The narrative surrounding David Ferrer has been expressed and echoed ad nauseam over the last couple years as the Spaniard has ascended back to the top of the ATP rankings on the back of some of the best tennis of his career.

            The narrative goes something like this:

            “David Ferrer is an absolute beast out there; he scraps and fights for every single ball.  If people could be antonyms, David Ferrer would be an antonym for the word quit.  He never gives up.  He’s so diminutive, yet so ferocious.”

            I have no problem with this.  The resilience and passion Ferrer displays on the court is something to be admired by all tennis players and is surely something I will always remember him for.

            But the narrative doesn’t end there.  It expands into a conversation about Ferrer’s mainstay near the top of the game despite not having any real artillery—maybe a little something like this:

            “It’s amazing how well Ferrer does considering he has no true weapons, no true finishing shots by which to draw.  You just know he is going to put every ball back into play and make his opponents play that one extra shot.”

            This is where issues arise for me.  If you read my last article on the value of consistency in tennis, it becomes pretty obvious that you’ll win a lot of tennis matches if you are repeatedly putting the ball into the court just one more time than your opponent over the duration of a match.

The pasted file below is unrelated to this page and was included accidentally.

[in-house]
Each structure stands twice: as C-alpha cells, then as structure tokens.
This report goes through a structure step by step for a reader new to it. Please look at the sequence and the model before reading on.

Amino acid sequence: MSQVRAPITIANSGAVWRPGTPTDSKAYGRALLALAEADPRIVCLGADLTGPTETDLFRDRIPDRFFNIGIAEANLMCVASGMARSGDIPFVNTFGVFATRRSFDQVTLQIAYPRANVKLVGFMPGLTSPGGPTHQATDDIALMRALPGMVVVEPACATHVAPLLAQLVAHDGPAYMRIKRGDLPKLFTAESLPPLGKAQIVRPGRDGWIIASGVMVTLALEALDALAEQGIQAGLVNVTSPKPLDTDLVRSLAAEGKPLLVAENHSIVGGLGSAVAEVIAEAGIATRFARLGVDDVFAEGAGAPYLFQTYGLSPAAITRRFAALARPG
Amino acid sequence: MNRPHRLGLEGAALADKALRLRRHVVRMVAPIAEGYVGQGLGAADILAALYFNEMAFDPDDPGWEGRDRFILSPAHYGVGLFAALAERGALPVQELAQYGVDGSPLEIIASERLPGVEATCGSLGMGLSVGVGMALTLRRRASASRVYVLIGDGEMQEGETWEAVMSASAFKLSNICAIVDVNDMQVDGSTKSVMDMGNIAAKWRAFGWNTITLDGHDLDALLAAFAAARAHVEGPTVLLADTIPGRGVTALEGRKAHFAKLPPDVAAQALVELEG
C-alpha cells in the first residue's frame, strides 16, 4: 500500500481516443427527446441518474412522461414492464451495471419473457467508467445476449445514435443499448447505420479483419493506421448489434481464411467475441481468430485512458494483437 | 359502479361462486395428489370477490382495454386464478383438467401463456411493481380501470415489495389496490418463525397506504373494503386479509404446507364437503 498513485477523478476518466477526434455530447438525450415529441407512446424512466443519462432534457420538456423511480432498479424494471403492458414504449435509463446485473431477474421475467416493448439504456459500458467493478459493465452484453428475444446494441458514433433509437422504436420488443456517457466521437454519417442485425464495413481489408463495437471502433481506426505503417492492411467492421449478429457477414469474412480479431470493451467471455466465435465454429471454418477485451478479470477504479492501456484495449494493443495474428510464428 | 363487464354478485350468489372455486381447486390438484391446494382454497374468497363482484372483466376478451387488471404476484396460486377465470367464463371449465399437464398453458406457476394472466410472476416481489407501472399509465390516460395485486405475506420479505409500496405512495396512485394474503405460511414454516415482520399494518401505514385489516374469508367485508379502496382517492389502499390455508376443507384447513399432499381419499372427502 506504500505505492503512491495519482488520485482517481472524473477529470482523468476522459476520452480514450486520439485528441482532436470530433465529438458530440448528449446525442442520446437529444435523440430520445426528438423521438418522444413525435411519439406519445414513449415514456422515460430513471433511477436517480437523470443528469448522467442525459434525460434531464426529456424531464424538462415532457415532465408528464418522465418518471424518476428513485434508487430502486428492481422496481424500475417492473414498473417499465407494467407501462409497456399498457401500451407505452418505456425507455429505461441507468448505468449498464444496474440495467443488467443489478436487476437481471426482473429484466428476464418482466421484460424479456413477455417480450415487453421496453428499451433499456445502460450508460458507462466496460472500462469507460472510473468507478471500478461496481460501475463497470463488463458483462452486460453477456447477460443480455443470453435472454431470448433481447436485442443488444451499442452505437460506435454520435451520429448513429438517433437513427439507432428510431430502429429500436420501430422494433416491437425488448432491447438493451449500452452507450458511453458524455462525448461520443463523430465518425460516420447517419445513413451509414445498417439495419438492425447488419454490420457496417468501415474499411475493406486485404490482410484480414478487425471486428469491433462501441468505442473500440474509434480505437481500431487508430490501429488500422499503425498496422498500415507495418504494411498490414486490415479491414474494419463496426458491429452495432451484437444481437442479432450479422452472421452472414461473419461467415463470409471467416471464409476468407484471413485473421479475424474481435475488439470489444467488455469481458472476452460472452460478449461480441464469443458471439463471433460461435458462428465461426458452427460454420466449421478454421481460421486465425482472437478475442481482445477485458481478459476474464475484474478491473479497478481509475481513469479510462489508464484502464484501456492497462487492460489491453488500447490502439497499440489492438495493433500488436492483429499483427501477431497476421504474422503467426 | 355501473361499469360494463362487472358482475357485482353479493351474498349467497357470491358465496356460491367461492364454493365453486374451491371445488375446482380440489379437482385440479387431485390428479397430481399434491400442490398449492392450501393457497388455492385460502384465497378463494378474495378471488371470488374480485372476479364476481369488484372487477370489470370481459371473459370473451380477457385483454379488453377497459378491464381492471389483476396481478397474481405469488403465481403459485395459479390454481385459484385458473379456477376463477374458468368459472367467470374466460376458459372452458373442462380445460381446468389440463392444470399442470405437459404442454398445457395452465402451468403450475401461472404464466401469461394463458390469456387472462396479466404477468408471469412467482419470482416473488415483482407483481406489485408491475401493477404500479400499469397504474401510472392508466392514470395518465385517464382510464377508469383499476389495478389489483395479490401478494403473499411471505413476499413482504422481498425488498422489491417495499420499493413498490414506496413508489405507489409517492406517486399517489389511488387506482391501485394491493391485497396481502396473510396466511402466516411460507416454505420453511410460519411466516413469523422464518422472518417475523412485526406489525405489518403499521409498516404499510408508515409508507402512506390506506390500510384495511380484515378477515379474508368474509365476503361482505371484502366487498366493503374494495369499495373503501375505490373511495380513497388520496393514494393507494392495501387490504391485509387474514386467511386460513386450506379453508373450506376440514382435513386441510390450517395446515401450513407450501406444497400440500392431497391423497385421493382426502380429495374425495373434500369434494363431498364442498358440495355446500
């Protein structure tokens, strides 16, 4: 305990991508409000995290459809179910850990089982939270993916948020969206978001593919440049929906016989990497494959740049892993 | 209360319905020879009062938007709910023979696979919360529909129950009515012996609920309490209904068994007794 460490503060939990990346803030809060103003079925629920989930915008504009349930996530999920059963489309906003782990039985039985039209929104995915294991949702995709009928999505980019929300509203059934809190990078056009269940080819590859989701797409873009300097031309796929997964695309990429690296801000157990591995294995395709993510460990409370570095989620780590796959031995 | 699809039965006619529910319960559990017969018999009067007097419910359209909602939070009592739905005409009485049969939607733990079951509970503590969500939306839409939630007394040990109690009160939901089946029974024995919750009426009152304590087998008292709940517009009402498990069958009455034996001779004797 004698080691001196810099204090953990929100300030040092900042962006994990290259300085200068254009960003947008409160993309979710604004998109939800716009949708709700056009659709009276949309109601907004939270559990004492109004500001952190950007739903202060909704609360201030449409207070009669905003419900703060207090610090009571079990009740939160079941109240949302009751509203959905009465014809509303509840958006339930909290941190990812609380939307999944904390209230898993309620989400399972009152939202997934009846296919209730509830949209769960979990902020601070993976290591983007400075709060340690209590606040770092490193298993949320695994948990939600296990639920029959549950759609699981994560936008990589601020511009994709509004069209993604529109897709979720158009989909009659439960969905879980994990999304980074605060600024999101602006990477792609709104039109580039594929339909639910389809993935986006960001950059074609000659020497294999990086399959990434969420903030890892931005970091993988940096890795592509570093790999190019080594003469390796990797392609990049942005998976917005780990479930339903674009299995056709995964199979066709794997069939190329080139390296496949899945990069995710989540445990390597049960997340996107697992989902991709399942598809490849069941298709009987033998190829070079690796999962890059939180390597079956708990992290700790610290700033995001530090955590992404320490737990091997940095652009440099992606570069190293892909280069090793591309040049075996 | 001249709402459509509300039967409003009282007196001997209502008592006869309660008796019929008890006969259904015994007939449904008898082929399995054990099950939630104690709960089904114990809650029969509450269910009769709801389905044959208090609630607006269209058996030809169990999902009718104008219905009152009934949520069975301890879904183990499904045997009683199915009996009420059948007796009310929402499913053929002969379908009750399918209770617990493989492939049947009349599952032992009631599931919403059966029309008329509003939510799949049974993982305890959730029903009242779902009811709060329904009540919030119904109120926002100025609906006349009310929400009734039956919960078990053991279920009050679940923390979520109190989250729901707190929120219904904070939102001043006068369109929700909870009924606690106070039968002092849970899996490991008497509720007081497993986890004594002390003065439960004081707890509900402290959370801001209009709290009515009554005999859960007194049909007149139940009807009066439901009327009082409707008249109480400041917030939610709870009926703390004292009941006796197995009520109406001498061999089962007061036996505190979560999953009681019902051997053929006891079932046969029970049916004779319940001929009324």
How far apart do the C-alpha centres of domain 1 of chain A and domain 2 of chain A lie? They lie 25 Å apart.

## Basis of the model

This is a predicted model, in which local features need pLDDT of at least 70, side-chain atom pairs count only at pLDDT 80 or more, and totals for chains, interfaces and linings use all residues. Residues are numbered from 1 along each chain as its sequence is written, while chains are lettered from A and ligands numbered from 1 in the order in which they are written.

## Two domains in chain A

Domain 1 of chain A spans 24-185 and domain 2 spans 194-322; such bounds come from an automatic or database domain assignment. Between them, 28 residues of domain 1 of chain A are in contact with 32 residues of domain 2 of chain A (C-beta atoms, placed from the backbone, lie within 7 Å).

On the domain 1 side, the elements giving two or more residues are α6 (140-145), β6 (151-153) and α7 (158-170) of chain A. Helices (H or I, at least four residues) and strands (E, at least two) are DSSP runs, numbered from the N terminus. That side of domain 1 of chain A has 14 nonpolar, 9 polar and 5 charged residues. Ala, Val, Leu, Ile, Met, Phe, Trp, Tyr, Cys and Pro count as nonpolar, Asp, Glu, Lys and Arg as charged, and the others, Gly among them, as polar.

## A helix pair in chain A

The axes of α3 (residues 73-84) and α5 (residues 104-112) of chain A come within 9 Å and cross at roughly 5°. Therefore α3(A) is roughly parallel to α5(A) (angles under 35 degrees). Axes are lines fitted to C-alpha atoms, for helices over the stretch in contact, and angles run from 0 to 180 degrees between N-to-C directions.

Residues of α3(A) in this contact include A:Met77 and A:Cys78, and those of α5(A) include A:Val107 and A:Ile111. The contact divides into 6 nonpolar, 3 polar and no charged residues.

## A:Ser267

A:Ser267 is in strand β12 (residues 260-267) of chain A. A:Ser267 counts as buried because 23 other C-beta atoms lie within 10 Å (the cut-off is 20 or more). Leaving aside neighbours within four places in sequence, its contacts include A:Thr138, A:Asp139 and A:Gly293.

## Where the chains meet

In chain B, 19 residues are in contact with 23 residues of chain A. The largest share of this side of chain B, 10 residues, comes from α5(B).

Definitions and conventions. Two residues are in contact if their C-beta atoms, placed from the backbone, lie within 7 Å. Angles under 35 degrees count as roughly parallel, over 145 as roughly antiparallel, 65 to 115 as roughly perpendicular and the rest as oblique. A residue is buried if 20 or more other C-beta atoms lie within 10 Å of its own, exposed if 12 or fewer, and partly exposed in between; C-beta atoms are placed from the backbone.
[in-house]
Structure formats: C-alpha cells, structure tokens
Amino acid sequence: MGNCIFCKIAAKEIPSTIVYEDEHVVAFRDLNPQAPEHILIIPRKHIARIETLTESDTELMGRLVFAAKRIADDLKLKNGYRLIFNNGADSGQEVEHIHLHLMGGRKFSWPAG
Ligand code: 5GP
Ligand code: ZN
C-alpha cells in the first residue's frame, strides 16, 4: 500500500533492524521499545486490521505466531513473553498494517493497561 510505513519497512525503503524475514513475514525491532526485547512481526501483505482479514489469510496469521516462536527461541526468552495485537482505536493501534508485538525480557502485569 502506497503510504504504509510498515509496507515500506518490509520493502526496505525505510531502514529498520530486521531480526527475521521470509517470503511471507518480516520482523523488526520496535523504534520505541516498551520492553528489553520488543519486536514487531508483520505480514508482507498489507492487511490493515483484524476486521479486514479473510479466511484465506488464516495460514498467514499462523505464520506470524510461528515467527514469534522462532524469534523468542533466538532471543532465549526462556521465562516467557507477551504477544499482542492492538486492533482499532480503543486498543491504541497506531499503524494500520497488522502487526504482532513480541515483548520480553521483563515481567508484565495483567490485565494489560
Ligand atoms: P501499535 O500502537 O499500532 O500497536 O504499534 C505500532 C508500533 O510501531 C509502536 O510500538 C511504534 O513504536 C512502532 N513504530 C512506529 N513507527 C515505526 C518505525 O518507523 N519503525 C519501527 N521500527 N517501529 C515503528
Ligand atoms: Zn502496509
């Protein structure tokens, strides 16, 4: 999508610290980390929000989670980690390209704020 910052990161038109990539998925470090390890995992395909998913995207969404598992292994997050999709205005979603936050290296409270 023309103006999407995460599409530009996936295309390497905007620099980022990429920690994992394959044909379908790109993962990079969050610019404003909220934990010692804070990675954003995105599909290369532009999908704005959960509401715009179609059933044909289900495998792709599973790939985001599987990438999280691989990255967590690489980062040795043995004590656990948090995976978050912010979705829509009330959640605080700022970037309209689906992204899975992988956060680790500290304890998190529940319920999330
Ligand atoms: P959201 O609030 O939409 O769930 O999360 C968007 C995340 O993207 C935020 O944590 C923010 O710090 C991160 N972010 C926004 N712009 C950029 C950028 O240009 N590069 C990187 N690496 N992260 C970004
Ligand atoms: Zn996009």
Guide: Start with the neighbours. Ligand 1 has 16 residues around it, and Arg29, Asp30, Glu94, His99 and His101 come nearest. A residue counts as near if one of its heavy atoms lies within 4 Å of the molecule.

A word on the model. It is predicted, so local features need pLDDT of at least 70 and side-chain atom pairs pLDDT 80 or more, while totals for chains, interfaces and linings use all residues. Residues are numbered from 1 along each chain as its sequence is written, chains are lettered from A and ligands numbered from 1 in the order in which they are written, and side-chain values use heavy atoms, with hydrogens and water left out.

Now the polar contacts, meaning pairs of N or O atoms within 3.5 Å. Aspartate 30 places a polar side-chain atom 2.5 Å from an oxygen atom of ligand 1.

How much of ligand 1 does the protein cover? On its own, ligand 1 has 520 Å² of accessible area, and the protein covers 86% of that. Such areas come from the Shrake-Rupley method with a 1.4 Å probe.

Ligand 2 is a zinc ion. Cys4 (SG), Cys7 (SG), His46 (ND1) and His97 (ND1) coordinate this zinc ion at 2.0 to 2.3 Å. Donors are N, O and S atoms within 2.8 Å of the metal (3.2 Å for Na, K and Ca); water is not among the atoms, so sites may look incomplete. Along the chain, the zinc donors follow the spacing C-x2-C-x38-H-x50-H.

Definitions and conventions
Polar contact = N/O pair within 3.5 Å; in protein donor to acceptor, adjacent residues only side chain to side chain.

And, let it be known, at the professional level, monumental efforts are required to win matches day in and day out when your game is primarily based off grinding out your opponents, yet Ferrer is able to do this on an insanely consistent basis.   

            In tennis, those who are seen as talented are usually the shot makers and the heavy hitters. Undeniably, those graceful with their wands like Roger Federer and Richard Gasquet and others with a penchant for power such as Juan Martin Del Potro and Jo-Wilfried Tsonga have been adorned  with superior tennis skills.

            But who’s to say David Ferrer hasn’t?  Is his consistency not a weapon that has executed the best laid plans of endless opponents?  Is his ability day in and day out to retrieve and salvage every ball not a skill that every tennis player aspires to have? Has his grit and resolve throughout points not finished off his adversaries through thousands and thousands of points?  Just ask Nicolas Almagro, one of hardest and most potent ball strikers on tour, but 0-13 against his fellow countryman, whether or not David Ferrer has no true weapons.

            I’m not asking anyone to redefine what it means to be a talented tennis player, but rather, I’m simply requesting that we magnify our definition of talent in tennis and what it means to have weapons as a tennis player because if Jeremy Chardy is a talented tennis player, a tennis player with weapons and finishing power, then David Ferrer sure as hell is too.